One evening is spent at an unassuming Onsen, or public bath hidden in some dark alley of Asakusa, the old town. A great national obsession in Japan, the sight of naked men in all waist sizes moving over with ant like agility from one water tank to another, is rather peculiar. Most of them have a small towel around the G Spot while the more stingy or gutsy ones, depending on how you look at it, just grab the entire prop in one hand during such tank swaps, all in the name of public decency. The white towel is usually then placed on top of the head when our bodies go under water, making us all feel like a new species of white-back turtles. Famous for their trim bellies and long lives, the Japanese have made up for the small potions in their own diet by feeding their animals with vengeance and the cats and crows of Japan are the fattest I have seen in the course of my revolutions around the sun.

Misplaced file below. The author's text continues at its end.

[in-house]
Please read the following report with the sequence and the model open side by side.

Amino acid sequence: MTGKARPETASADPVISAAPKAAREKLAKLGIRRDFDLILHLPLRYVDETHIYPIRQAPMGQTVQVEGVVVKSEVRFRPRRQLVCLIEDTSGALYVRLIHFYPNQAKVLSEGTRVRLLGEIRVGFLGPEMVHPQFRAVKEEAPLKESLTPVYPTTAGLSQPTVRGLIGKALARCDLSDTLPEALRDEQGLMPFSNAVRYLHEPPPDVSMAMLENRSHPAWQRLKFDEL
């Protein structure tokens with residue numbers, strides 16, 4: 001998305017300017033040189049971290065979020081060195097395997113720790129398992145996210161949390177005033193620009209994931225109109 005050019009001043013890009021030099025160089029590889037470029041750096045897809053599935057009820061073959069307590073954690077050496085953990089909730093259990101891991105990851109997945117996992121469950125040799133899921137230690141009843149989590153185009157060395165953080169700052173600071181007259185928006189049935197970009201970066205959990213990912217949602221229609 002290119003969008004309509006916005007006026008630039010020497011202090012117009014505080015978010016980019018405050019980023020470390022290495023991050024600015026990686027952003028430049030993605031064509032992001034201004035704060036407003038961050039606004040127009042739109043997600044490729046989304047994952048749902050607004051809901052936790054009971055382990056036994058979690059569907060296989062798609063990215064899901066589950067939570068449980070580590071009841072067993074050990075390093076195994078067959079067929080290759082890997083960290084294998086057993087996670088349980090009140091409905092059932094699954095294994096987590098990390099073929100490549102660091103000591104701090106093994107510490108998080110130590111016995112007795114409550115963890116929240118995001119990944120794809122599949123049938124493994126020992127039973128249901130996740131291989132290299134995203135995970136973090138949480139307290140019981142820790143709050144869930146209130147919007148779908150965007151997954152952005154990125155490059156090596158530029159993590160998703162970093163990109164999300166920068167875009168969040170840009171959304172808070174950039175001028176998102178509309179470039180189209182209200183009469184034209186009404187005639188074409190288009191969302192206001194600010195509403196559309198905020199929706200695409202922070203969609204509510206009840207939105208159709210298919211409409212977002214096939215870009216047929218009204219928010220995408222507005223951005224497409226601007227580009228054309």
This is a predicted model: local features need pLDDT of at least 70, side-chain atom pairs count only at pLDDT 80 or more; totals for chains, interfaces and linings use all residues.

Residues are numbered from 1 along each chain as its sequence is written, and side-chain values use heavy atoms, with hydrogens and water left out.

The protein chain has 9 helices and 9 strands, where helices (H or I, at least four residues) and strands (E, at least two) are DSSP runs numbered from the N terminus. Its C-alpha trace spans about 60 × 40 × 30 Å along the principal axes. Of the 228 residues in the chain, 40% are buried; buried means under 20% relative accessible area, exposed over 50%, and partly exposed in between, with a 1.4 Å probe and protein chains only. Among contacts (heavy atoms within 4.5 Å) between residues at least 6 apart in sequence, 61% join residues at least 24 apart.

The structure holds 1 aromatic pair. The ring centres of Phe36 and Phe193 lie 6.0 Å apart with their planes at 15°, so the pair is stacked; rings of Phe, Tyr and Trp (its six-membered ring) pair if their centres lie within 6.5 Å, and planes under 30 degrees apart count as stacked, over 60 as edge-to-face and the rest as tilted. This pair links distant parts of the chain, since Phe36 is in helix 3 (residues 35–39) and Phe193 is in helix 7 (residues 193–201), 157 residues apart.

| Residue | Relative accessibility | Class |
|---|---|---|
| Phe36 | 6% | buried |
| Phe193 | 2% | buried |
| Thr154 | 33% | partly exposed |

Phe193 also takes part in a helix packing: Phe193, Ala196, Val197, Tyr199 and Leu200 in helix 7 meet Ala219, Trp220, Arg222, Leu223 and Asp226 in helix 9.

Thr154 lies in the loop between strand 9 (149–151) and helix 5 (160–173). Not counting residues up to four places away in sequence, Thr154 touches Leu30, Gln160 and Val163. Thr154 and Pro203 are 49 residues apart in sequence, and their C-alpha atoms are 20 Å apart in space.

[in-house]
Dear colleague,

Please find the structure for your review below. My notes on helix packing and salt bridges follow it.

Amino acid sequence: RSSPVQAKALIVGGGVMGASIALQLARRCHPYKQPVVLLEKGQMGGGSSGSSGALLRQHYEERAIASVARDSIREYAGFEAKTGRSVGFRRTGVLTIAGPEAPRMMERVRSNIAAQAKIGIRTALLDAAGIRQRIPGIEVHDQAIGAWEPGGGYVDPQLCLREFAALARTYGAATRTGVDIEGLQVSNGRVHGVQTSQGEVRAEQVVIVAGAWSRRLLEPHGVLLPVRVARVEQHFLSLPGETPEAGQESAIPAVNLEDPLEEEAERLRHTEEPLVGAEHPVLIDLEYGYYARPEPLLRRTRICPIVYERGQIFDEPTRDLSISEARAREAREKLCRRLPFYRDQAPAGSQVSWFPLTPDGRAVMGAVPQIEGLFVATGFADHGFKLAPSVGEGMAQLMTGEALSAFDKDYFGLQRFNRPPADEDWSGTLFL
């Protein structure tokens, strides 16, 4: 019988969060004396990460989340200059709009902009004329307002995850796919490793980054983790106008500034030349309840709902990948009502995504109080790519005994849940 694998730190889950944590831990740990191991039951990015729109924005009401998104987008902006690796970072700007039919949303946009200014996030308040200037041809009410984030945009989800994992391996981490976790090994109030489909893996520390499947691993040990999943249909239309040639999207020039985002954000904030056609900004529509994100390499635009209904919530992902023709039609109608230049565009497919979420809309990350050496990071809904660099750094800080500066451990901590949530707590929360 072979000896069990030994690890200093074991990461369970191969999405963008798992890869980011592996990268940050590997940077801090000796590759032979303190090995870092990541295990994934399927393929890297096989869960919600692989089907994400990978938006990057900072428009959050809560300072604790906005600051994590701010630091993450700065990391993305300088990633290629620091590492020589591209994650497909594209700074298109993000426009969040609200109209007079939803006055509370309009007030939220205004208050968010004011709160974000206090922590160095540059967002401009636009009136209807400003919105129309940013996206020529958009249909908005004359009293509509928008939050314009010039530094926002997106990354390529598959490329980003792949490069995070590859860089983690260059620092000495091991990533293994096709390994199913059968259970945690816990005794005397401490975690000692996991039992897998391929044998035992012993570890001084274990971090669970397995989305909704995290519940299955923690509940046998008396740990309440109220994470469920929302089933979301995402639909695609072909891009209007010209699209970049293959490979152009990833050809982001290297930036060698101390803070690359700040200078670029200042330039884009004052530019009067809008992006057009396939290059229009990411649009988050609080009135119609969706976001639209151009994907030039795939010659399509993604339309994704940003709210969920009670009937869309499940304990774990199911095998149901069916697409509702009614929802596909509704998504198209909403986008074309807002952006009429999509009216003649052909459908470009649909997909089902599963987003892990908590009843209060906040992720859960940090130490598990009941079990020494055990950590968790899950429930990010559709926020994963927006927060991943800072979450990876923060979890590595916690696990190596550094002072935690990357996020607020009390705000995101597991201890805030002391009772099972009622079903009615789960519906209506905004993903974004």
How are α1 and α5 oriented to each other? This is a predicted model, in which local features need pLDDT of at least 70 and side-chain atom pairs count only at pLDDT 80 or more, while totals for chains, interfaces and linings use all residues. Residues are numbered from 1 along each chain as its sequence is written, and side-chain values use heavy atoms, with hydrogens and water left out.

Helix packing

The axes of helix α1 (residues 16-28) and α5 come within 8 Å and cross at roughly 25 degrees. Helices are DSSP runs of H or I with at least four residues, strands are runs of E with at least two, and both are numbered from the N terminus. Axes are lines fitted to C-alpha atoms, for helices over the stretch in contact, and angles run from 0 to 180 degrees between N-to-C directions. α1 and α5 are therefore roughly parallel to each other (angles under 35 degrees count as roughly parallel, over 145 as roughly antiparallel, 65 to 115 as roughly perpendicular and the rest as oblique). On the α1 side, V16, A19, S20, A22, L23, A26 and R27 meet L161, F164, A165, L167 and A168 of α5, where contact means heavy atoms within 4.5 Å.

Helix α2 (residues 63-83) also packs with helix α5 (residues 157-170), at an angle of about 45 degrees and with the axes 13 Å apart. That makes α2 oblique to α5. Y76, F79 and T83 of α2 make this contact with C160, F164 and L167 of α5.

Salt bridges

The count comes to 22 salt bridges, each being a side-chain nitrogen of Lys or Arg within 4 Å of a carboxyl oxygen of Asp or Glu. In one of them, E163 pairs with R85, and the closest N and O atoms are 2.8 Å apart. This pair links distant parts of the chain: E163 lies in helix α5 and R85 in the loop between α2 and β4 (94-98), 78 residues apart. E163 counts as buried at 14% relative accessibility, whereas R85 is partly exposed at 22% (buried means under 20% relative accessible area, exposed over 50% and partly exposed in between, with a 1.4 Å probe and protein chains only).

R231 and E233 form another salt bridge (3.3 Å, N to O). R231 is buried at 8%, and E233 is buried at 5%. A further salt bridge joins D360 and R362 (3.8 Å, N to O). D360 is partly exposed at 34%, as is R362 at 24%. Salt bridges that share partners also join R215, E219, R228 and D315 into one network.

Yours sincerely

Sights of children and pregnant women are very rare indeed in this mythical land of declining population and as such the occasional marriages at the temples are greeted with much attention by photographers, most unknown to the bride and groom. Shinto religion seems rather practical and worldly wise that instead of stressing a lot on how life evolved and how many days god rested, focuses on factory scale production of charms to ensure good exams, fine health, strong relationship and weakened enemies, the sales pitch delivered gracefully by the resident monk.